Widespread rain, across the state, has been particularly beneficial for parts of the north-west.
Bureau of Meteorology senior forecaster Christie Johnson said two systems brought the week long-rain.
"We had a slow moving low pressure system that moved across Victoria from the north-west and brought tropical moisture down from the north," Ms Johnson said.
"it was very humid and because of that moisture we got the high rainfall."
A follow-up front moved in from the west earlier this week.
🌧️💨 Showers & gusty winds easing in the east today as a cold front clears #Victoria. 🌡️ Max temps 14-17°C.— Bureau of Meteorology, Victoria (@BOM_Vic) October 4, 2021
☀️ A mostly sunny afternoon in western & central areas. 🌡️ Max temps 15-18°C in the south, 19-23°C in the north. https://t.co/VTDRZL0O1q#VicWeatherpic.twitter.com/13u6O6Keh3
The highest falls were recorded on Wednesday into Thursday.
"Over the last week or so, there have been some places that had more than 50mm; it was hit and miss because it was came from showers.
"It was one of those things where if you happened to get a slow moving shower, you would get quite a large fall."
Warracknabeal recorded 38mm, among widespread falls of 10-30mm.
"Since then, we have had a little bit each day, in the Wimmera Mallee we had 21mm at Mt William."
Ms Johnson said the front that entered the state earlier this week had now passed through to the south-east.
Another front would come through on Wednesday.
"In terms of rainfall, we are thinking it'll be around 5-10mm."
"Things clear away on Thursday and there is not much expected on Friday and Saturday."
Kyle Pearse, Donald, said the property had received about 50mm in the last week.
My old man said to me yesterday, “boy, don’t expect another season like this for the rest of your life. They only come around every 10 years or so, and you’ve seen 5 in the last 6 years!” 😁🙏 I reckon it should go about 460 kegs/ha of heavy 😉 pic.twitter.com/ziEJaP0vSl— Kyle Pearse (@pearse_kyle) October 2, 2021
He's growing wheat, barley, canola, lentils and oaten hay.
"It means everything fills out really nicely, it means we will have good oil in the canola and good test weight in cereals," he said.
"I am hoping the lentils keep on flowering, and we get a bit more yield out of them.
The rain followed a really slow start when crops struggled to germinate.
"June and July were really good, fairly mild and 'wettish', and we really caught up
"We went from being fairly nervous to being fairly excited in the course of a month or so.
"This last bit of rain has meant we have gone from cautiously excited to confidently excited."
Matt Rohde, Lorquon, grows wheat, barley, canola, lentils, chickpeas and vetch and said the rain had meant he was now "banking" moisture for next year.
"We brown manured all our vetch and are now focused on conserving moisture for next year on those paddocks," Mr Rohde said.
" A dry August meant some yield penalty from early September.
"All crops will still benefit from the recent rain. "
He said there were up to 95-105mm falls across half the farm, with the other half receiving about 60mm.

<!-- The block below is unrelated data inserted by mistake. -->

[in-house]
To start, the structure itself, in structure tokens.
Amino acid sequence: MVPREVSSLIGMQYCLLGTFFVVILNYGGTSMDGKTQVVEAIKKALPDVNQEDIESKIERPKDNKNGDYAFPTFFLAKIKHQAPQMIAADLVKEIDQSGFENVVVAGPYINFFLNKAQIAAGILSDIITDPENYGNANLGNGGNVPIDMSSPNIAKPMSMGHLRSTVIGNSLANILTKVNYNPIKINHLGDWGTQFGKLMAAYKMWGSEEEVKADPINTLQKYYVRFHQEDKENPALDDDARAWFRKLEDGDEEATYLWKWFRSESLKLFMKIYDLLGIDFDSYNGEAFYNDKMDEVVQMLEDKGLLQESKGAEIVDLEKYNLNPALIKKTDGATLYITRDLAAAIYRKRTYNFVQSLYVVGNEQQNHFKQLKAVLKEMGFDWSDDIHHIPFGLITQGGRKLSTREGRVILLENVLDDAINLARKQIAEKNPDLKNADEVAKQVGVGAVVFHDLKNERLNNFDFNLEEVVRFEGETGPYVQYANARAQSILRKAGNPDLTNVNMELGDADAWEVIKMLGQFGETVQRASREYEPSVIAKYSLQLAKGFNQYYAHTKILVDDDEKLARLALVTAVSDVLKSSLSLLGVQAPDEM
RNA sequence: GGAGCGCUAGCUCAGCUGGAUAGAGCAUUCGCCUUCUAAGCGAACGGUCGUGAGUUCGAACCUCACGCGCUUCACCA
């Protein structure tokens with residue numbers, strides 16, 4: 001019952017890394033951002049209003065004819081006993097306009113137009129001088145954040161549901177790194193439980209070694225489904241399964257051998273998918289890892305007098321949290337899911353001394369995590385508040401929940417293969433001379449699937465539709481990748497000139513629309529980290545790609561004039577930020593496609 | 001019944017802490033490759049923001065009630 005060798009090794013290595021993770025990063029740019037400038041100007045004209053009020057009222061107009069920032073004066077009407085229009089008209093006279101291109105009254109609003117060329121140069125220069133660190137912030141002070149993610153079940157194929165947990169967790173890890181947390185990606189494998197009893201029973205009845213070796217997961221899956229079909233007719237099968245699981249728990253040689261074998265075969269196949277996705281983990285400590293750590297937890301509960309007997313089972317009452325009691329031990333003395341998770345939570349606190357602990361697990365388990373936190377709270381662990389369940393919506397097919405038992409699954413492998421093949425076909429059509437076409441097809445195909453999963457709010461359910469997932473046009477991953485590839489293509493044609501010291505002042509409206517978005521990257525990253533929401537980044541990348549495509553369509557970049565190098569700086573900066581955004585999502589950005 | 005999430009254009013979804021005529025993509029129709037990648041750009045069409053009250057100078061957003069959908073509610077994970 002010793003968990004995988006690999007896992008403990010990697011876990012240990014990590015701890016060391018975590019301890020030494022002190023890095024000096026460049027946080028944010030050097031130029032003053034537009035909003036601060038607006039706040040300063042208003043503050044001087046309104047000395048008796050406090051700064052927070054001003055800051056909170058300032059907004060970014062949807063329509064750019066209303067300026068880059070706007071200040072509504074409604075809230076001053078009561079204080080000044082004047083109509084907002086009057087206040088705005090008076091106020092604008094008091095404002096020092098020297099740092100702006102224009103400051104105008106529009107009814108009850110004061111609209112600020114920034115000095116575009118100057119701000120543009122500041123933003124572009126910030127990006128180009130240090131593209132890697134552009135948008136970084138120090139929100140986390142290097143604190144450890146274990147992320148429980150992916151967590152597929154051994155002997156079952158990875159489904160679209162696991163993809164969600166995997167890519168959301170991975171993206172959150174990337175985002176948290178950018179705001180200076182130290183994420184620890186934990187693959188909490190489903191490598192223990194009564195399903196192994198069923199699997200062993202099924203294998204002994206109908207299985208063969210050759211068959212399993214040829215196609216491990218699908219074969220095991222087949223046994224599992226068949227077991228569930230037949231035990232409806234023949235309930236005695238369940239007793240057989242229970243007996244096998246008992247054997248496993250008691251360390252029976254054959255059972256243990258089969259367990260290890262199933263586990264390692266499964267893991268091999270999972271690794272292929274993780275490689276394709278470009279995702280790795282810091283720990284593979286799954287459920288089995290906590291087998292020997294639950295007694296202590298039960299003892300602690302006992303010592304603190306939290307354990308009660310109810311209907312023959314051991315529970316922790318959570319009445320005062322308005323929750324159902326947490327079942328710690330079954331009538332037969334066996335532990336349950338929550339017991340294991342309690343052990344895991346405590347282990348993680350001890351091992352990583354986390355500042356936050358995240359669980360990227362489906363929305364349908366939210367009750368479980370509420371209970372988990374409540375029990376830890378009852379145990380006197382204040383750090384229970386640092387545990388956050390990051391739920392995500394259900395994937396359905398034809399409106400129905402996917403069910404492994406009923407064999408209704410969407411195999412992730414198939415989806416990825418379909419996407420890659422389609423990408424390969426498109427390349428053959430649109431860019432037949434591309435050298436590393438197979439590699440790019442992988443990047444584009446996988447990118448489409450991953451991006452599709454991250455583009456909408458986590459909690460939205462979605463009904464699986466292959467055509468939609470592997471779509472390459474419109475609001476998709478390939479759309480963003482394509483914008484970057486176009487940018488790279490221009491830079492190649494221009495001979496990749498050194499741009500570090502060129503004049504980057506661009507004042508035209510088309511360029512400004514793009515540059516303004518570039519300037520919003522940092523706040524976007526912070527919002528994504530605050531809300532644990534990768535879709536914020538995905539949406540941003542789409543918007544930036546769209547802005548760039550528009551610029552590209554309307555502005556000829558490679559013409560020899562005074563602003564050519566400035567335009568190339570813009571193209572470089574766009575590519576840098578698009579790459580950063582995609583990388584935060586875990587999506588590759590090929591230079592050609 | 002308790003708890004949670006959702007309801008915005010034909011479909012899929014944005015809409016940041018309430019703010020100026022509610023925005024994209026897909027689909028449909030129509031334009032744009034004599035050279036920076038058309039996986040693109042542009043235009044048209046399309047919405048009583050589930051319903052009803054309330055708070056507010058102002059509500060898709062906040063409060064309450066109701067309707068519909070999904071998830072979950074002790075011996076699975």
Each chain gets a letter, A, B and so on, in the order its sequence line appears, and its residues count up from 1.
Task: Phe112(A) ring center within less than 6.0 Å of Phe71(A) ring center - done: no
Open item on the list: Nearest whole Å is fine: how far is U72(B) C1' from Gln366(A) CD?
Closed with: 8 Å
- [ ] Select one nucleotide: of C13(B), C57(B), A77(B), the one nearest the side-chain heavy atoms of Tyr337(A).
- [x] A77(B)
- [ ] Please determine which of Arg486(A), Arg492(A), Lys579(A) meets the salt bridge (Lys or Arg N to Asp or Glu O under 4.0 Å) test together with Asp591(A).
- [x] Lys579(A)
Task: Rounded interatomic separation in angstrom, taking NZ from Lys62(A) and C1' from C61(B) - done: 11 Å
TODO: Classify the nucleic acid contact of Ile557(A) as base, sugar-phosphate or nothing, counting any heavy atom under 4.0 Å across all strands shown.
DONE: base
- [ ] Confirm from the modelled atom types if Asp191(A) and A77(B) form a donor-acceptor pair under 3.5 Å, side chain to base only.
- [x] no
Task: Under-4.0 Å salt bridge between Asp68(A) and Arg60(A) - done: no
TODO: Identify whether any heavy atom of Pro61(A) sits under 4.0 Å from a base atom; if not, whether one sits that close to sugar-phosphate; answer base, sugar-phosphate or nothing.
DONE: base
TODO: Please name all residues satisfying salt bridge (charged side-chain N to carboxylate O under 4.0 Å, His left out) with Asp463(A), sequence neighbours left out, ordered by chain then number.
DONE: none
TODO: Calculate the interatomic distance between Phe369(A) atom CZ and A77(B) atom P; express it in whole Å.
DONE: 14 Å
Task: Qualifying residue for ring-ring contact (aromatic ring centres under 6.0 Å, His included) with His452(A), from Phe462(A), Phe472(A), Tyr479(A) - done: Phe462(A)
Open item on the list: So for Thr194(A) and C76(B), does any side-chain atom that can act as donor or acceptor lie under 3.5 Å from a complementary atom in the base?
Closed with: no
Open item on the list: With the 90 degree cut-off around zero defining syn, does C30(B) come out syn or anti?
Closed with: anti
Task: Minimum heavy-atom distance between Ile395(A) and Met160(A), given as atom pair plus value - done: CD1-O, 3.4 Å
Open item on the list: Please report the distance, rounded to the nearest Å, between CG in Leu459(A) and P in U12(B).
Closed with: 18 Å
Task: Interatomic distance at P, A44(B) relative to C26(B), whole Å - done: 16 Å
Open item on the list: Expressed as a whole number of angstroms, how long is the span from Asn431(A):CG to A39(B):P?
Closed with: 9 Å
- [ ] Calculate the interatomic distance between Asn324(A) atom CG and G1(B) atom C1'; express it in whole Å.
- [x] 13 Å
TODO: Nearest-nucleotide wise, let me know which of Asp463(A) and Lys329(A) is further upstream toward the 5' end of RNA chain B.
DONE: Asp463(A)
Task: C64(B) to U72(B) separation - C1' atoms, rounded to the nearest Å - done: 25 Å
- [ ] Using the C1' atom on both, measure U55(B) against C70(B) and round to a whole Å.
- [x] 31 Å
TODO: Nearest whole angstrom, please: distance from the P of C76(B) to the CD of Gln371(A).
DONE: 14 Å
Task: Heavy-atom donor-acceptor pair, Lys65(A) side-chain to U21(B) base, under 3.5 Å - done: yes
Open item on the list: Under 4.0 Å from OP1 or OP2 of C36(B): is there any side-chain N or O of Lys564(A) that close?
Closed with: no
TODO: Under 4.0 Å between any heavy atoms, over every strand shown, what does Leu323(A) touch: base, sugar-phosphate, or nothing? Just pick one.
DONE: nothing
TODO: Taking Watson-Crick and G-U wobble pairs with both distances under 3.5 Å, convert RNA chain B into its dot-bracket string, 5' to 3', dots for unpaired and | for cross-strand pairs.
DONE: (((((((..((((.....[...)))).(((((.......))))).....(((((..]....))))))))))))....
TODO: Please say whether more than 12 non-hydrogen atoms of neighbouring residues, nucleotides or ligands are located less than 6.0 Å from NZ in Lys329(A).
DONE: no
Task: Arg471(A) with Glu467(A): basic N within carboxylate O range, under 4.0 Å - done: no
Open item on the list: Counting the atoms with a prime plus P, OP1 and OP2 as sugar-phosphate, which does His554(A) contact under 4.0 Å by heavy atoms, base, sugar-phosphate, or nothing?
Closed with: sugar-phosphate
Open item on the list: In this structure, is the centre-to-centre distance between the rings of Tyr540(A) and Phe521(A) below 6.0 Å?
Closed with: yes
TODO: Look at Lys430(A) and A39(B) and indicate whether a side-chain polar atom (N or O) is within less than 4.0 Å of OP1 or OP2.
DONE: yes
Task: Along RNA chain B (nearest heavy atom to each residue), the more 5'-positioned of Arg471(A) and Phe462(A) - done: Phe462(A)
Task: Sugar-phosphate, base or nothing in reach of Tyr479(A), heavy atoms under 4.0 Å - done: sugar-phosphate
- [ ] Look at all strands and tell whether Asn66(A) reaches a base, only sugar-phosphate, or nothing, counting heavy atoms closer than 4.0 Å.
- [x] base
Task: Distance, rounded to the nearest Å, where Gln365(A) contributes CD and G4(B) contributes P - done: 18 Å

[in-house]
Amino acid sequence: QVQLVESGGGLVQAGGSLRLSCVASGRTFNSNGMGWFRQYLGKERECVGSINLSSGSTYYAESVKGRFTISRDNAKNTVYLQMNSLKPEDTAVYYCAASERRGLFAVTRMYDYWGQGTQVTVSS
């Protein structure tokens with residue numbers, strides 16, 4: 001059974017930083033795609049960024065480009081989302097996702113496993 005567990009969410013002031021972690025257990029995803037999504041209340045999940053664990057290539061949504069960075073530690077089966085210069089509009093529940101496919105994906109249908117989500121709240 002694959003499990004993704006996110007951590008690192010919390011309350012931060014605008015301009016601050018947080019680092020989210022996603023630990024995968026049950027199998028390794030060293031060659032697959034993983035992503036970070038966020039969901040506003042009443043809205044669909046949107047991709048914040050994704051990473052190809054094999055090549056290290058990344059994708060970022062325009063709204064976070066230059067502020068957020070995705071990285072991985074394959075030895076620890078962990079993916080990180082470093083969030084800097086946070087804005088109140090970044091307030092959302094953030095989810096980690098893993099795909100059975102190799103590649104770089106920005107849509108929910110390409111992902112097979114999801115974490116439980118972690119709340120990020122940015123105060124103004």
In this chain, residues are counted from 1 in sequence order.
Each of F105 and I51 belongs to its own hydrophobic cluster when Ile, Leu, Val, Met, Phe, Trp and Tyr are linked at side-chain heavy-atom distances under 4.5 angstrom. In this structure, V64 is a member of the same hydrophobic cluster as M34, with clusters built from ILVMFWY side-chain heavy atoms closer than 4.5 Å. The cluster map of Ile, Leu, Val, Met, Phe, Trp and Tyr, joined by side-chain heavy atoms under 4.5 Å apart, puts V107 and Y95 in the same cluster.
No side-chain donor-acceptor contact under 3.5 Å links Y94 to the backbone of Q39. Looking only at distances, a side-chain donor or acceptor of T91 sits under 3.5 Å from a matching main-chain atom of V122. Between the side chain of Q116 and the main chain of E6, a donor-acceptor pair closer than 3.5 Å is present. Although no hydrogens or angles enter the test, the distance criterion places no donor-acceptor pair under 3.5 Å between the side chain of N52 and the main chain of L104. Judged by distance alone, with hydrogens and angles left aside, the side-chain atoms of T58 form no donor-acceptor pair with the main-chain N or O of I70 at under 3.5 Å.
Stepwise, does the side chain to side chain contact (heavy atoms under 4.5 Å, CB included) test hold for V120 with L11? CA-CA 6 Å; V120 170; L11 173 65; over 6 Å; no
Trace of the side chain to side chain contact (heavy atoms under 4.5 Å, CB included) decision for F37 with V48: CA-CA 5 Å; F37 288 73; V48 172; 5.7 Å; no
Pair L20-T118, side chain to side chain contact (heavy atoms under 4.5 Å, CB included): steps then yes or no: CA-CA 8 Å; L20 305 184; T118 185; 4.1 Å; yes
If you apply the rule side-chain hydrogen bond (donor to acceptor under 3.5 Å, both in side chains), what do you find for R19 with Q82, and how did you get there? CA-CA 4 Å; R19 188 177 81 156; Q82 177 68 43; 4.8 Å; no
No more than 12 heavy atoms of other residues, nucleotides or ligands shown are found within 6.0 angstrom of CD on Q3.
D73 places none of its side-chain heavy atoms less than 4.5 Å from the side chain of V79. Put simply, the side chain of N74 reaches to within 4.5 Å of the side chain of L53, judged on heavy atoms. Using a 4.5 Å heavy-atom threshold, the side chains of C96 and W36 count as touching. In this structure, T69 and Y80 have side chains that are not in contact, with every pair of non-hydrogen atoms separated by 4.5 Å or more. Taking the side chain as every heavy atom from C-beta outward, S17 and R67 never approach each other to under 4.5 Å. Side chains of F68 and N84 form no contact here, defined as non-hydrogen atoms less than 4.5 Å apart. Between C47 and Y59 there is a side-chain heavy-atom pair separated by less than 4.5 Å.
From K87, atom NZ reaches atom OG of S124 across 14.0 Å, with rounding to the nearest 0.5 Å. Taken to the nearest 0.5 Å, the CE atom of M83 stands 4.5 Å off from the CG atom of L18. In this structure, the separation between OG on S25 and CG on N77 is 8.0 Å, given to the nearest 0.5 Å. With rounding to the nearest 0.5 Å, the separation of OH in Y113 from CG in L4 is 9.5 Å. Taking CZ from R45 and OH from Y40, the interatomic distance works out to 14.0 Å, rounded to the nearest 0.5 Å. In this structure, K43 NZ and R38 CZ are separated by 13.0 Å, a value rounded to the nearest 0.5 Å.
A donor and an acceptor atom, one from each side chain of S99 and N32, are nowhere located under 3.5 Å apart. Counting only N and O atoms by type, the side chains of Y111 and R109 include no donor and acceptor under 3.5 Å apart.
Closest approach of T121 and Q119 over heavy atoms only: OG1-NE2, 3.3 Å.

"The outlook for the remainder of the season is positive, thankfully we are not looking for a finishing rain anymore.
"Current grain prices are also promising for the harvest ahead."
Tracy Dart, who grows crops just north of Warracknabeal, said the property had 50mm of rain.
"The crops will definitely finish now," Ms Dart said.
"Rain from now will be stored for next year.
"We're on track for a reasonable crop, after an overall dry growing period."
Lord Pastoral Company owner David Lord, Mitta Mitta, estimated the area had received as much as 76mm in the last few days.
The beef producer said the weather had turned colder and windier in the last few days.
"The sun comes out, and then the cloud blows over, and you get a bit more rain -it's a bit like July weather than Octobe weather," Mr Lord said.
"There's usually not quite as much in the one hit at this time of year."
The rain had been good for the property but had held back silage harvest.
'It's what we needed after the last few dry winters; it's filled the groundwater up a bit."
Dams were full in preparation for any dry times that might come in summer.
Prime lamb producer Stephen Snelson, Koyuga, said he'd heard of falls of up to 37mm at Stanhope, while his property had received about 25mm.
"It's definitely been in the 25-40mm range - it's been brilliant, especially after mid-September it got very dry.
"It's been a Godsend."
Mr Snelson said the most "peculiar" response had been from canola.
"The price is astronomical, but through late autumn and winter, germination was all over the place - some was very advanced, and other plants were at the rosette stage.
"The crops have caught up like I had never thought they could.
"From a very patchy germination and irregular growth, through winter, canola has heard about the price, I think, and took off."
A dry spell in mid-September allowed a lot of silage to "get chopped".
"Those paddocks have been irrigated and they will get a hay cut now."
Stony Creek dairy farmer Doug Hanks said the property received 40mm last week, but the fact there was very little sun was not helping.
"The cows are in great condition and milking well," Mr Hanks said.
"It could be the first year we don't make a lot of silage.
"We still have last years and some from the year before so cows won't go hungry.'
Pastures were "ready to fire".
"We just need sun and a bit of warmth," he said.
"Paddocks are still wet and will need two weeks to dry out before we can level them off and apply more fertiliser to grow some hay."